If I understand your question correctly, I think the key to understanding the answer is that the line `for i in range(1000):`

is doing *two* things [*ed: see update below*] each time through the loop that you neglected to count: first, it is incrementing the variable `i`

and second, it is checking it against the maximum value (1000) to see if the loop is finished. So each pass through the loop should count as 3 operations.

Finally, even if the loop is skipped, it still takes one operation to decide to do this, that is to check `x`

against `0`

in the line: `while x > 0:`

.

This is how it would be accounted in the best case:

```
def program1(x):
total = 0 // counts as 1
for i in range(1000): // counts as 2 * 1000
total += i // counts as 1 * 1000
while x > 0: // counts as 1 + N (note: so when x <= 0, still counts as 1)
x -= 1
total += x
return total // counts as 1
```

...which adds up to 3003.

**Update:**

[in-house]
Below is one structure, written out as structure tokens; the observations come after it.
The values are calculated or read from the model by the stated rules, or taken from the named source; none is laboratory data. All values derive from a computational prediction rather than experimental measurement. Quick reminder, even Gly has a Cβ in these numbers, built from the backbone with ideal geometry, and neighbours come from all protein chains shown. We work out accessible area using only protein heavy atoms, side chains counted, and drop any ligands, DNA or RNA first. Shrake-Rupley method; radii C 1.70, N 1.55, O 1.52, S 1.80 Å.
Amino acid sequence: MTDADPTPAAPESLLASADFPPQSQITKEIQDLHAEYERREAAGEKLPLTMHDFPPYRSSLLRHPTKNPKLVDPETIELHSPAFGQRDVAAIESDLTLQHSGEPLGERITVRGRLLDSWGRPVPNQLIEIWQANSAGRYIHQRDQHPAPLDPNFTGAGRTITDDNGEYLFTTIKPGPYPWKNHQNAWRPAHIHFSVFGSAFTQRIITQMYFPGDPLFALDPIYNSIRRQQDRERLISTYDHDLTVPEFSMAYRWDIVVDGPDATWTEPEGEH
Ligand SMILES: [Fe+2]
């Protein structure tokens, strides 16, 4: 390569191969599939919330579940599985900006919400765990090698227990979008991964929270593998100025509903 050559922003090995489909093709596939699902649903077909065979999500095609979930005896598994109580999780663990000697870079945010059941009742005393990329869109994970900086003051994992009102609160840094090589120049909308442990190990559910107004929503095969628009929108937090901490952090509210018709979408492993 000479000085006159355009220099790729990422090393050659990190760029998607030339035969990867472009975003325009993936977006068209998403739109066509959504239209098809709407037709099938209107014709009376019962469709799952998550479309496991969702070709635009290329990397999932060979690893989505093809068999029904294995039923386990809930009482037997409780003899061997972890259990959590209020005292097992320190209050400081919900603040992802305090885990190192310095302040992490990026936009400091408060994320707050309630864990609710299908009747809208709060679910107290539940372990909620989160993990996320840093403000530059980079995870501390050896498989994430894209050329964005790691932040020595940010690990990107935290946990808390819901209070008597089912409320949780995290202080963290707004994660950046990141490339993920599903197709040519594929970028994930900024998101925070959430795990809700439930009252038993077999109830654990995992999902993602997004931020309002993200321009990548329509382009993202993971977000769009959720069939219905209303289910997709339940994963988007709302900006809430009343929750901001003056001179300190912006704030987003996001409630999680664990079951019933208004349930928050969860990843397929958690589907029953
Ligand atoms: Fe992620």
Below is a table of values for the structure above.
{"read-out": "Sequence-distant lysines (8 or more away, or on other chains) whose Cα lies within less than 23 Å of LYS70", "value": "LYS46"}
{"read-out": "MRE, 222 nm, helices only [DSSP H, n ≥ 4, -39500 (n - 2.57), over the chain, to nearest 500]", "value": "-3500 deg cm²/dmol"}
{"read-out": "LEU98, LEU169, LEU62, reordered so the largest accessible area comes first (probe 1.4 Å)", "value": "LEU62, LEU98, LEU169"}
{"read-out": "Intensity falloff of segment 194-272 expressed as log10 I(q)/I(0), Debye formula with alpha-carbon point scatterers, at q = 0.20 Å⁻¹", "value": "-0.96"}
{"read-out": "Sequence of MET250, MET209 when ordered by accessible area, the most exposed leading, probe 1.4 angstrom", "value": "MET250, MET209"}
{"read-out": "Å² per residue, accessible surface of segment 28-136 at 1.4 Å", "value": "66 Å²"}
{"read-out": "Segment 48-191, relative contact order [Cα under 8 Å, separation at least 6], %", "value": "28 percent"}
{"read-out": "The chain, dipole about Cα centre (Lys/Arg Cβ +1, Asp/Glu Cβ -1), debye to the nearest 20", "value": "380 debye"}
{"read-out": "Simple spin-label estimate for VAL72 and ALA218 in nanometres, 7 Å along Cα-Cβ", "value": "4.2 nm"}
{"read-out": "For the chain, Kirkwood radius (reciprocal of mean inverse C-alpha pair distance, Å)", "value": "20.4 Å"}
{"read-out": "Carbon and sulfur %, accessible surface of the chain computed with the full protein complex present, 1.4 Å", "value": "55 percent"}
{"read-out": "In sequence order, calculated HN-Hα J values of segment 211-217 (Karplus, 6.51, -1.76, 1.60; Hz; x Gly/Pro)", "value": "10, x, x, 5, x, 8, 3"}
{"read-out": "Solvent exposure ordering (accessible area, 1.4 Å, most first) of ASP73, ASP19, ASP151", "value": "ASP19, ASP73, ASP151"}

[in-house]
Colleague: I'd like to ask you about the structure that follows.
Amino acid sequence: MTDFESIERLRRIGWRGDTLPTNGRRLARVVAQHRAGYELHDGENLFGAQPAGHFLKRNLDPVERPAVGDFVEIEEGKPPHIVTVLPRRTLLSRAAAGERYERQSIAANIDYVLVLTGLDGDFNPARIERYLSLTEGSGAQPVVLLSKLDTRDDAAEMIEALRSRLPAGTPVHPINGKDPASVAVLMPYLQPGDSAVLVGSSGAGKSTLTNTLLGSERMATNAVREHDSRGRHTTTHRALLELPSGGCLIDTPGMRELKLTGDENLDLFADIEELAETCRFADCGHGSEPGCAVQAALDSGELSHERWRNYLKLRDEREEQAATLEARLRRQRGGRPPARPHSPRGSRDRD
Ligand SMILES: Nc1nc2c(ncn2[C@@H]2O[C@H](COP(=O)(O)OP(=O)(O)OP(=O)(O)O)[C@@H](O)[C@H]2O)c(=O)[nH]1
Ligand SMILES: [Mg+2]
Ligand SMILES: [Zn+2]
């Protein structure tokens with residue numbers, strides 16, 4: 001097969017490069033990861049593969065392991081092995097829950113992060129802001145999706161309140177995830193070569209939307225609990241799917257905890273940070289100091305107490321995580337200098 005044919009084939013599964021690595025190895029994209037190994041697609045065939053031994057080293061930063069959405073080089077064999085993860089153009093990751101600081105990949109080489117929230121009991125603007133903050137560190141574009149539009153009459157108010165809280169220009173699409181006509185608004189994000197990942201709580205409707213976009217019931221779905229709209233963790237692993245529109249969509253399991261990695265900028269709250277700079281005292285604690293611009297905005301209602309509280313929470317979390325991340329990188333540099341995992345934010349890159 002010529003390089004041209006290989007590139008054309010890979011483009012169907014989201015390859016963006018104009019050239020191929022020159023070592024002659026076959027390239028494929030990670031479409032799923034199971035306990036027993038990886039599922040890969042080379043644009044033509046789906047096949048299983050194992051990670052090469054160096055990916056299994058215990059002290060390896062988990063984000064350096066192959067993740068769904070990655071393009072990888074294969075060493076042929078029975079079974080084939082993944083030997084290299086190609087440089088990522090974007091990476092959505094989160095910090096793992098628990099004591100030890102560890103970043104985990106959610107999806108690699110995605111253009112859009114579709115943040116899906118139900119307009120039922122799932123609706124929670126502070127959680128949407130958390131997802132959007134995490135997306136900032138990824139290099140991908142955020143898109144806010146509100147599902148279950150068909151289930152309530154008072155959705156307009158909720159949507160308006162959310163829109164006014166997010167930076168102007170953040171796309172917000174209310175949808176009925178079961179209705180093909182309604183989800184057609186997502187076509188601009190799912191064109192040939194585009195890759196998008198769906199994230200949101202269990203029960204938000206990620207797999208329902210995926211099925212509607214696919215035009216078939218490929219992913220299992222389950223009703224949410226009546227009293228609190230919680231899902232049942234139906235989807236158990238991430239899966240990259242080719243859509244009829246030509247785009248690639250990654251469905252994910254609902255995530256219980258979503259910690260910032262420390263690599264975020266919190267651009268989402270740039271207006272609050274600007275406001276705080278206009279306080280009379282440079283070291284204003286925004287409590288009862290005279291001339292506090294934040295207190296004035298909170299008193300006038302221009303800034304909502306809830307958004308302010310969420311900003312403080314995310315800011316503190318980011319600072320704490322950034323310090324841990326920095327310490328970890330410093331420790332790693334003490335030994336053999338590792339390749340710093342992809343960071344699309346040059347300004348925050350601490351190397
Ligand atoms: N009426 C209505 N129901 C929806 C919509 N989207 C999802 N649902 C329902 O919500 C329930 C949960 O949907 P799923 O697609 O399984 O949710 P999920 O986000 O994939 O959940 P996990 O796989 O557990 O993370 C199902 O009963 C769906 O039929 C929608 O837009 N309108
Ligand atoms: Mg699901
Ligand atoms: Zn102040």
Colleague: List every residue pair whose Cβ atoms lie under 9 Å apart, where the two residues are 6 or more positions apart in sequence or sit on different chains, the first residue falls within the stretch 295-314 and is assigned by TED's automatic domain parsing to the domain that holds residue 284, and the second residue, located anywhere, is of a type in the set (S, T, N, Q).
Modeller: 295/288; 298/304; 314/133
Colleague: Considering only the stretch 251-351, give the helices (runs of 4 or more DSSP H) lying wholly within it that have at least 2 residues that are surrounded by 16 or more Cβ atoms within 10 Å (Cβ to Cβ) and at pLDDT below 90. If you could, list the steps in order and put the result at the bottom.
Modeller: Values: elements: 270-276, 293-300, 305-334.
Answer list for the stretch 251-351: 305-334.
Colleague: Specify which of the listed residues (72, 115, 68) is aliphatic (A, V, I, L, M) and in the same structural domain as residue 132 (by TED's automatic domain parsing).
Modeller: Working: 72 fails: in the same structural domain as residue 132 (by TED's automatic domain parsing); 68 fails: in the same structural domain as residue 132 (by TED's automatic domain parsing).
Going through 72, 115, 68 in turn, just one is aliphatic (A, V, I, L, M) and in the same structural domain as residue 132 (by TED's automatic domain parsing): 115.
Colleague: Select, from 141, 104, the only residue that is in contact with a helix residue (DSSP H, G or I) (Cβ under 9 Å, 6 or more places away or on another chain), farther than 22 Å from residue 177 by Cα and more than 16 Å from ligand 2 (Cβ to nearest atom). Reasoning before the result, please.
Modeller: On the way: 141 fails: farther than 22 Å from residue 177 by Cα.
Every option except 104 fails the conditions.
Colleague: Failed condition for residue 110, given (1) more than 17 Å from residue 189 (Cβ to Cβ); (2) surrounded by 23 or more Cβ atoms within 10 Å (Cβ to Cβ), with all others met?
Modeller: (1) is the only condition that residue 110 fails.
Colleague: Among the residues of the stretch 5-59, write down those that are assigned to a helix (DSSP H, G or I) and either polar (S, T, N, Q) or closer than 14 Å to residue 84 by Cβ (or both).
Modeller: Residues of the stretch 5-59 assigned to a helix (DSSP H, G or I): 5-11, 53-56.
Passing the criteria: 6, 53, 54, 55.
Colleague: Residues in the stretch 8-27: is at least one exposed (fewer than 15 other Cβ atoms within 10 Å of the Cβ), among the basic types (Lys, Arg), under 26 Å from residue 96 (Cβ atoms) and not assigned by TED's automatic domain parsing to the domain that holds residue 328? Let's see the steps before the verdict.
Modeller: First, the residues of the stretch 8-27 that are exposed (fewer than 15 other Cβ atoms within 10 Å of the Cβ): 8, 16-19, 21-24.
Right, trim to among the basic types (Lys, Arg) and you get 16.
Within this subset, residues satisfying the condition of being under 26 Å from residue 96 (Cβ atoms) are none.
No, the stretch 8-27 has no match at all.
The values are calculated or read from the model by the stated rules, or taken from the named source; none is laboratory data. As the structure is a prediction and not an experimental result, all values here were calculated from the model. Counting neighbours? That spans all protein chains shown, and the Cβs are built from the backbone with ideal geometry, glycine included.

Given that the *worst* case answer provided to you is `5n + 3003`

, I must modify my answer.

That means that the `-=`

and `+=`

operations within the while loop must be being counted as two separate operations (the increment or decrement and the assignment). If so, then the `+=`

operation within the for loop must also count as 2 operations. And if that is the case, the only way to make the numbers agree with the provided answer is if the accounting is like this:

```
def program1(x):
total = 0 // counts as 1
for i in range(1000): // counts as 1 * 1000
total += i // counts as 2 * 1000
while x > 0: // counts as 1 + N
x -= 1 // counts as 2 * N
total += x // counts as 2 * N
return total // counts as 1
```

I personally disagree with counting the `+=`

and `-=`

as two things, in the abstract sense, because I know that they can be done as a single operation in assembly (assuming all values are in registers), but *in Python* they are actually two operations. (See the 4th answer in the link below for more on this.)

To accept this accounting, you must also accept that the line `for i in range(1000):`

only counts as *one* operation each time through the loop. Upon realizing that I was wrong above, I found this answer here which helps with understanding that. Basically, this is because the upper bound as well as the iterated elements themselves of the loop are fixed.

everythingI wrote before still applies... – alfasin Jul 17 '14 at 5:44